During my search for the perfect whoopee pie, I was sent this recipe by a reader of my blog, whose mother in law, Mrs Linda Daunt, has lived all her life in Maine, New England and is a fantastic cook. Mrs Daunt's special touch is to add buttermilk instead of regular milk, to give the pies a richer taste. The original recipe uses a marshmallow-type filling, but I prefer to stick with regular buttercream frostings.
One of my favourite things to do is to talk on the topic of food with my granny. Learning to cook armed only with cookbooks and a passion for art, with eight hungry mouths to feed and very little money, my granny developed some of the most resourceful cooking skills I know. I love that with barely anything in the house she can produce something incredibly elegant, such as soufflés, without thinking twice. This is a light and rather sophisticated cake that relies heavily on store-cupboard ingredients and is a perfect example of her skill in being able to produce something incredibly impressive out of everyday items.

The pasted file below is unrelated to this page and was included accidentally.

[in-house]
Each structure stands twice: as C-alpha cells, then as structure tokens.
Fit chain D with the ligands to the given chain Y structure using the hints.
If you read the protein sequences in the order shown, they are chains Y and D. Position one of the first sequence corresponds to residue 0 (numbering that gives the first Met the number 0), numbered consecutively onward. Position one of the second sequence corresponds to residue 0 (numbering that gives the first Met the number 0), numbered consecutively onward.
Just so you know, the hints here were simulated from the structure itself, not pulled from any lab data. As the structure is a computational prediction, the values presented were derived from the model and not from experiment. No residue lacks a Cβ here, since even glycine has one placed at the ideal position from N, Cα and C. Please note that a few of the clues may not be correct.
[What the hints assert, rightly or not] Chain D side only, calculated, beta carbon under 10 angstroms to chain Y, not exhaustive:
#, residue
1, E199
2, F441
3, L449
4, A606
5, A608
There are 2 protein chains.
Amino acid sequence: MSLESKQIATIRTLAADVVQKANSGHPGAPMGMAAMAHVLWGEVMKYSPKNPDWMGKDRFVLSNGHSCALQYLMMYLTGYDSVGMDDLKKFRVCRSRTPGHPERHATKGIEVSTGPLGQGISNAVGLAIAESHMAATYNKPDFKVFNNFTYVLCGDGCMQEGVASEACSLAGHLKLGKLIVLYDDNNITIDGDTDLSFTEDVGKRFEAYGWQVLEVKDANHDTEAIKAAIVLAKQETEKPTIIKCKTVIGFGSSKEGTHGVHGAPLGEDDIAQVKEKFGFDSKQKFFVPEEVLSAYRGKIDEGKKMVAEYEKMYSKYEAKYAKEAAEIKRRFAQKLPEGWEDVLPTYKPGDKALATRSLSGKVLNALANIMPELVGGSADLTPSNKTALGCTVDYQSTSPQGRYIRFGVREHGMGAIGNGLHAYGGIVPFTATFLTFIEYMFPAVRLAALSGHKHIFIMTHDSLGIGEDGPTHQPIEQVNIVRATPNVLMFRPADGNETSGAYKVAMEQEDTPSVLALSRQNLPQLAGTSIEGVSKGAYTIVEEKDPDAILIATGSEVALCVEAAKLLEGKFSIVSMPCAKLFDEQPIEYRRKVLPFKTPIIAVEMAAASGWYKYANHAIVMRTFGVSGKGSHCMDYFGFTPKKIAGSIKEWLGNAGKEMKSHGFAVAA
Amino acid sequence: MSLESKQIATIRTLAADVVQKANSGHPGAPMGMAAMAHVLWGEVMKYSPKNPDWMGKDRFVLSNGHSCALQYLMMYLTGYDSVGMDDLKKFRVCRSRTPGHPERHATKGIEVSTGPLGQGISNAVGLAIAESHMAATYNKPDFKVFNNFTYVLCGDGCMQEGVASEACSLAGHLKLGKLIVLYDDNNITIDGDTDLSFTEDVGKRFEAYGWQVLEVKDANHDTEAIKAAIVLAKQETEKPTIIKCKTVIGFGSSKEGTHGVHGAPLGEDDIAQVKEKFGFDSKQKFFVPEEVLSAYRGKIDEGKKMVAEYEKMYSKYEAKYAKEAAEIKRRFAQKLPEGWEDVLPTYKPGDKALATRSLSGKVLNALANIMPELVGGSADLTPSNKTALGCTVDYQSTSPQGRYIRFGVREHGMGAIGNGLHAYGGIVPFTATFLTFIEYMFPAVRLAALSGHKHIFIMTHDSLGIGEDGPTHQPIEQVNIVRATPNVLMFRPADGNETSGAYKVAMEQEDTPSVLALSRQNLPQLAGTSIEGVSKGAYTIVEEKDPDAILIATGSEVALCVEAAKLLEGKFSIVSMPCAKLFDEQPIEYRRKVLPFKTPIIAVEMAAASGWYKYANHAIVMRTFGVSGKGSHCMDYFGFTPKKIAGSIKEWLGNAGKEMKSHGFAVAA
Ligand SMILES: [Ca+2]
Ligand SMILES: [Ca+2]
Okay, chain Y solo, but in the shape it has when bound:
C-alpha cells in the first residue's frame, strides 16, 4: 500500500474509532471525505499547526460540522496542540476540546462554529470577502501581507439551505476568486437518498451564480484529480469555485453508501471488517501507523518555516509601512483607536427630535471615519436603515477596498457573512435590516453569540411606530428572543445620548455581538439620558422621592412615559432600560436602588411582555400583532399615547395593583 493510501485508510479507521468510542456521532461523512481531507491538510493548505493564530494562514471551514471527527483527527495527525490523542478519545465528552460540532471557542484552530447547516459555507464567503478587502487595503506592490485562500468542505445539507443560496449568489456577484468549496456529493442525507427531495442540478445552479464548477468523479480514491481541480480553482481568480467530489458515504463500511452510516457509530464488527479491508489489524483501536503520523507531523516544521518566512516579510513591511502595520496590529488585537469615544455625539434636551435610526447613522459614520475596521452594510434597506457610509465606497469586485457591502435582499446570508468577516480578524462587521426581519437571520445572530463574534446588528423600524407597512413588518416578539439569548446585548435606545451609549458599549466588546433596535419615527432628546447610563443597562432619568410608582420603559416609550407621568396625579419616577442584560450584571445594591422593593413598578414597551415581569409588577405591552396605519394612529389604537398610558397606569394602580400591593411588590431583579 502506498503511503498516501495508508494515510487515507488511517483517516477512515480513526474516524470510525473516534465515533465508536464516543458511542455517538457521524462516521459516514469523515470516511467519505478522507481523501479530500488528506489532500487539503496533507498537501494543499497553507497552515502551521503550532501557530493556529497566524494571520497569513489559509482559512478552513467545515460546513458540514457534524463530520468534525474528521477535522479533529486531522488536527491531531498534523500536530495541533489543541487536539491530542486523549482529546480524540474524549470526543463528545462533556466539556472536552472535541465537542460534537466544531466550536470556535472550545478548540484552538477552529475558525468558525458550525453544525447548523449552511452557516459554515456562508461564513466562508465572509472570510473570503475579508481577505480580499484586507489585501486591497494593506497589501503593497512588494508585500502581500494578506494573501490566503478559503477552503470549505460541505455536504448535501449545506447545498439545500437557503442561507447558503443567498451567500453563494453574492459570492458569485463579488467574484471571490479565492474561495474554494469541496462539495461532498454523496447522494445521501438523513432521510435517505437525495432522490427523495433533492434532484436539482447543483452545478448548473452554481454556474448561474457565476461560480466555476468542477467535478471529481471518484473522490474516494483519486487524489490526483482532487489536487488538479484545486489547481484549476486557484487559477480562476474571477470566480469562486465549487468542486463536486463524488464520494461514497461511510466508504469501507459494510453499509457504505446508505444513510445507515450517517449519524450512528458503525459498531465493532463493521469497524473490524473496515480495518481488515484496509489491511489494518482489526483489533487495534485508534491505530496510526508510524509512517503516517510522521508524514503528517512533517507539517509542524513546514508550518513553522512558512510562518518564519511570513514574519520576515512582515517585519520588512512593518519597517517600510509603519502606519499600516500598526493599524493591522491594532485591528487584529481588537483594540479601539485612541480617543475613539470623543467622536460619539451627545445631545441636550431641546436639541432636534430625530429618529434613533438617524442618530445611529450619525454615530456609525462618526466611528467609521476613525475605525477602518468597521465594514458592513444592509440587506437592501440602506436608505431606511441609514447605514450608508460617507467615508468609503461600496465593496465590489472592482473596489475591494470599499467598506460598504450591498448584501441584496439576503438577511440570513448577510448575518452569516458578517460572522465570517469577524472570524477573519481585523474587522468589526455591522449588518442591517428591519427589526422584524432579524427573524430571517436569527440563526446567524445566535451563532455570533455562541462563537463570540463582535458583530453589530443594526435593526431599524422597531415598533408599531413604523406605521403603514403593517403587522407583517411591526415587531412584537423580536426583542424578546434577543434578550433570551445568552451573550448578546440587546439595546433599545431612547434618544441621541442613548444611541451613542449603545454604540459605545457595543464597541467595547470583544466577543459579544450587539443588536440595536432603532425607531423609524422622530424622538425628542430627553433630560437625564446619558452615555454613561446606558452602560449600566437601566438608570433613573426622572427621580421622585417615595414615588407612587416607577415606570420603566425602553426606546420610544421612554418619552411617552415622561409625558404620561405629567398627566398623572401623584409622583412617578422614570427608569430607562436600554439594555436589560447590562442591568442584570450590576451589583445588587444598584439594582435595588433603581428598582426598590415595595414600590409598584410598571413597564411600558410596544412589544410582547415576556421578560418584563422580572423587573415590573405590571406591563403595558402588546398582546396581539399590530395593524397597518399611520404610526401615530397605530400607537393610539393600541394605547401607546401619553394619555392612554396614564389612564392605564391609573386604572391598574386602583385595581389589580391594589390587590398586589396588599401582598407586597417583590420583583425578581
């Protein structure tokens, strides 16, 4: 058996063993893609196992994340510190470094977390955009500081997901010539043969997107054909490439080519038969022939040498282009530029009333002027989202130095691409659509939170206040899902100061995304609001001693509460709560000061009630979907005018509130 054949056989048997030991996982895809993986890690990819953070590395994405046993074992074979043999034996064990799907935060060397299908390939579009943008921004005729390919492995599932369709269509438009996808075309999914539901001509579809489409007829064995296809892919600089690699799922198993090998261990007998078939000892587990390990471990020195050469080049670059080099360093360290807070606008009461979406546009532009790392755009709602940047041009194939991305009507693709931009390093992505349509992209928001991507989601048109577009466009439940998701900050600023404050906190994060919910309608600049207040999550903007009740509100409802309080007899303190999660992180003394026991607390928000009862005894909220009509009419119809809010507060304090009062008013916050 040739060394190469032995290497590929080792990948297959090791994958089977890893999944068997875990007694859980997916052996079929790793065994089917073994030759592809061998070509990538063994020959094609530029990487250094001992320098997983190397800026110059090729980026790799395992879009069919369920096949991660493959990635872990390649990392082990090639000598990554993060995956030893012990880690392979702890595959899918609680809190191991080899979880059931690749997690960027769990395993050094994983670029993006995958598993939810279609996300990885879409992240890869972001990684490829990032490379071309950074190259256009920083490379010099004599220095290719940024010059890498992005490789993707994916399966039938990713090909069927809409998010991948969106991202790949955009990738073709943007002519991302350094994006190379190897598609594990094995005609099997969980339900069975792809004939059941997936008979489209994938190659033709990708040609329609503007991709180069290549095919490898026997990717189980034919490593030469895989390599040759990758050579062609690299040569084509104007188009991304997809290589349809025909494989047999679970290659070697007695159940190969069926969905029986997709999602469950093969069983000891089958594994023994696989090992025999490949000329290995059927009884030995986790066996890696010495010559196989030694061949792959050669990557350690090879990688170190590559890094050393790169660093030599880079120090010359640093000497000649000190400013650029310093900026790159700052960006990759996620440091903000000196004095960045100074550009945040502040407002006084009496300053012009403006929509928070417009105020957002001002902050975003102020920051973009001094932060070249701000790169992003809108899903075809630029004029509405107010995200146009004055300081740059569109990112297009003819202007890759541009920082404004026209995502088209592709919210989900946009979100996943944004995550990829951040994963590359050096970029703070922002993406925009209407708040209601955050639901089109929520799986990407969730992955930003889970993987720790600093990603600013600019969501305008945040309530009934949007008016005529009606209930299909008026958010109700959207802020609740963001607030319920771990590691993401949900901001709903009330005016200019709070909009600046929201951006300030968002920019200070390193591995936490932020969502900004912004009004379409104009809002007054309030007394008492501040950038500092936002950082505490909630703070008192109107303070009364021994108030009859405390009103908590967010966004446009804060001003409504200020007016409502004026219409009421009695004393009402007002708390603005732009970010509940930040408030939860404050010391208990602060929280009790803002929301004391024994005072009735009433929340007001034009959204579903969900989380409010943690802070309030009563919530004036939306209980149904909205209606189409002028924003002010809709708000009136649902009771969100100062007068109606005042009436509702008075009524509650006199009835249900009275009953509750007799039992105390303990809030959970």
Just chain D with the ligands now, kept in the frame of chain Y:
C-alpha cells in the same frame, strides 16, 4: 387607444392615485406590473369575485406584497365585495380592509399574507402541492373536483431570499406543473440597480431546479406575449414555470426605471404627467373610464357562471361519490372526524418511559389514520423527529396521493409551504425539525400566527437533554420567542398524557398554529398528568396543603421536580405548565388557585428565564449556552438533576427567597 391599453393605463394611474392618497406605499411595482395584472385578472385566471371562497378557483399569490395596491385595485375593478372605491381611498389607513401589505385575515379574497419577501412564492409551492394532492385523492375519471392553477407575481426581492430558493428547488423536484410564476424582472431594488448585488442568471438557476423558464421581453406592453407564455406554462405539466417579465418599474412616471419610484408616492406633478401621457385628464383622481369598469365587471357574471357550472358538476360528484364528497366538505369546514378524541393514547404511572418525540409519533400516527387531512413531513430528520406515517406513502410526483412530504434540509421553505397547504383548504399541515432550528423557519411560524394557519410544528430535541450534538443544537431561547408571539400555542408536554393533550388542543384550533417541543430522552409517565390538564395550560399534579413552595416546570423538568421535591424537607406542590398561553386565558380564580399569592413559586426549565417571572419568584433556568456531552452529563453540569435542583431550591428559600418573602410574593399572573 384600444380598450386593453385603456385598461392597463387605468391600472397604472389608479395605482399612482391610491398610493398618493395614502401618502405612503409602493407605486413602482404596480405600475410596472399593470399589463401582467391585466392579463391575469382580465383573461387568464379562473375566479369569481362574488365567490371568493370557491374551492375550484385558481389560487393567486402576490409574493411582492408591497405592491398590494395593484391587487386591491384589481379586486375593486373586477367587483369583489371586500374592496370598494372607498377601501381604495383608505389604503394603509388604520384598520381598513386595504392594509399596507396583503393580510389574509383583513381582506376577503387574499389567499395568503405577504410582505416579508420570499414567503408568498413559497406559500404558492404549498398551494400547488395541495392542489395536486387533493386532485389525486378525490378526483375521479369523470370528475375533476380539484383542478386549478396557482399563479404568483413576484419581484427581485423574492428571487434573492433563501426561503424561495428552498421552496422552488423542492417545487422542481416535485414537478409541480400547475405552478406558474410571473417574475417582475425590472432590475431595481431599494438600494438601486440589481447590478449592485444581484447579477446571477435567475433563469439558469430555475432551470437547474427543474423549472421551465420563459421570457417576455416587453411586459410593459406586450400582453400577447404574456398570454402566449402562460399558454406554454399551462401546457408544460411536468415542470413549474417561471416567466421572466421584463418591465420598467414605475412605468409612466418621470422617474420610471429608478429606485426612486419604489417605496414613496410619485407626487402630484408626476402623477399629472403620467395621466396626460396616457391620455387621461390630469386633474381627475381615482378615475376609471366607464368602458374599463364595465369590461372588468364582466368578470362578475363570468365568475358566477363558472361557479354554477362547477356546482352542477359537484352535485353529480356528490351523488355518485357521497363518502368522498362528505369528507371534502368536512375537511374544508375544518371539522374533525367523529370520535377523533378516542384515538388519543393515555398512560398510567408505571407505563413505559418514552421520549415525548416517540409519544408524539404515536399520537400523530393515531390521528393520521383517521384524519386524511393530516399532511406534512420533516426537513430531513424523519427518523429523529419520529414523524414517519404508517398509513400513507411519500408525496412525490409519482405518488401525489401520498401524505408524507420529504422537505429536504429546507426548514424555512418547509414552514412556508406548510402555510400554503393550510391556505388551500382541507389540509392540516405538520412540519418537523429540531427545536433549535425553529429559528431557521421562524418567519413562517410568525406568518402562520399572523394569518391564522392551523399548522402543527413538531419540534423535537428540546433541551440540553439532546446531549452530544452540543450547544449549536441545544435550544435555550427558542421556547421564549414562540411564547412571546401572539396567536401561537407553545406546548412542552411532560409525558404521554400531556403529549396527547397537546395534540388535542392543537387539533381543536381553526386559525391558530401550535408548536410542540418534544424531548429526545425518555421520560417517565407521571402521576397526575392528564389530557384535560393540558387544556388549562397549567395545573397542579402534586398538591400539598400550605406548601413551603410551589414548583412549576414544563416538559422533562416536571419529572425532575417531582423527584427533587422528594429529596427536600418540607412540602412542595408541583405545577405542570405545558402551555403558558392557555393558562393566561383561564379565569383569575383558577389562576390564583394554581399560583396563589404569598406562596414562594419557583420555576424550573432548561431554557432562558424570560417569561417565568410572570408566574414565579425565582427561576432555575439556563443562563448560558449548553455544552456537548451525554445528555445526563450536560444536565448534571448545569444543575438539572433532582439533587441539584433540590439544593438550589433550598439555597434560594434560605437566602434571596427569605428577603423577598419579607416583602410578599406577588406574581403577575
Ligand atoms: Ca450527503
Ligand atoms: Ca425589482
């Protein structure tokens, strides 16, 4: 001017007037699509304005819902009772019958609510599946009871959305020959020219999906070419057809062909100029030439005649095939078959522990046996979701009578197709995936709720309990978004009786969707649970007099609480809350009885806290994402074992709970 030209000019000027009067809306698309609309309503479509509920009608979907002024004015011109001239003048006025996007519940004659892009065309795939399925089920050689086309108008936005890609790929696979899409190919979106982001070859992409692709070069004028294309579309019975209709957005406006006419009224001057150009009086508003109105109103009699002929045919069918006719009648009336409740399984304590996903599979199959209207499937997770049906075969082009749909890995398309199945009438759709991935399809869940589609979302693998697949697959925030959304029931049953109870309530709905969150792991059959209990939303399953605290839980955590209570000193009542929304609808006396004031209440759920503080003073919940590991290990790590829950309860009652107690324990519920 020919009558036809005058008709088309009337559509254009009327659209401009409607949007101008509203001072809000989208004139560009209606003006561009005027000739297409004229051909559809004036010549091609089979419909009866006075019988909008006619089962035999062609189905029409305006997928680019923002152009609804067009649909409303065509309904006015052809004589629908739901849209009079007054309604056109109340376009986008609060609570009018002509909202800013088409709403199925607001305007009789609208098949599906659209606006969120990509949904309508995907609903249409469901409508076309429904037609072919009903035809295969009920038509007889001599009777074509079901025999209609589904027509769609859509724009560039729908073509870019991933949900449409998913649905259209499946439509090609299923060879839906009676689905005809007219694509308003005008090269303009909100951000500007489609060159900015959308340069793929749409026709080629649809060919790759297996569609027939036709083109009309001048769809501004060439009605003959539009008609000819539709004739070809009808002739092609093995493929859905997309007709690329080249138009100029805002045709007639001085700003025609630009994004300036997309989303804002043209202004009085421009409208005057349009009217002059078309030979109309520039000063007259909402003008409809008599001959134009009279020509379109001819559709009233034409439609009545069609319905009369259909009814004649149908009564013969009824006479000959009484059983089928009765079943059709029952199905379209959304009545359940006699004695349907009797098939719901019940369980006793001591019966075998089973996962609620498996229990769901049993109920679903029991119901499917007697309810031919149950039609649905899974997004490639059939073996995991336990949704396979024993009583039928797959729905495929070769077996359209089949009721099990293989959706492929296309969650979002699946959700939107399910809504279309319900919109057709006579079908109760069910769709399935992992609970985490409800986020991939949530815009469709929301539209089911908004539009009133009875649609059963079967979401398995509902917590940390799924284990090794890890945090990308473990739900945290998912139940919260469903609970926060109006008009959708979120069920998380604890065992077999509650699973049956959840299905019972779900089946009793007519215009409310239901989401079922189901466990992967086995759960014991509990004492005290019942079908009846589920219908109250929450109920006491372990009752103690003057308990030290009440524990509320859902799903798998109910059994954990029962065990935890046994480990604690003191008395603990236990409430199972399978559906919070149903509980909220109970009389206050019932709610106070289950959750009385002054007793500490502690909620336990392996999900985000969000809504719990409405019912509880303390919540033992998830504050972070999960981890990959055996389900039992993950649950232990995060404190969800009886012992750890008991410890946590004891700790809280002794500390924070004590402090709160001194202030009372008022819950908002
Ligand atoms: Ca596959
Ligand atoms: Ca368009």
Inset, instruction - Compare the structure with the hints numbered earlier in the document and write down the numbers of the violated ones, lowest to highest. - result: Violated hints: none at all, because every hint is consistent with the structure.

At one of my recent cookery demonstrations I got a great tip to make an all-in-one white sauce, which simplifies the process here. There are two things that are key to this method: the milk must be cold when you start, and remember to keep whisking vigorously until the sauce thickens. If you want to take this simple recipe one step further, add some fried smoked streaky bacon bits. This is a great dish for a leftovers lunchbox the next day.
Hearty food like this meaty chilli makes me very happy inside; it’s full of great spices and filling ingredients, and best of all it feeds a crowd. Using finely chopped meat here rather than mince gives a really interesting texture to the chilli.
Roasted squash produces wonderful soups with a velvety consistency when blitzed smooth. The addition of coconut milk adds a creamy and exotic flavour, but if you don’t want to use it, you could replace with vegetable stock. This is a warming soup, ideal in autumn and winter. Serves between four and six people.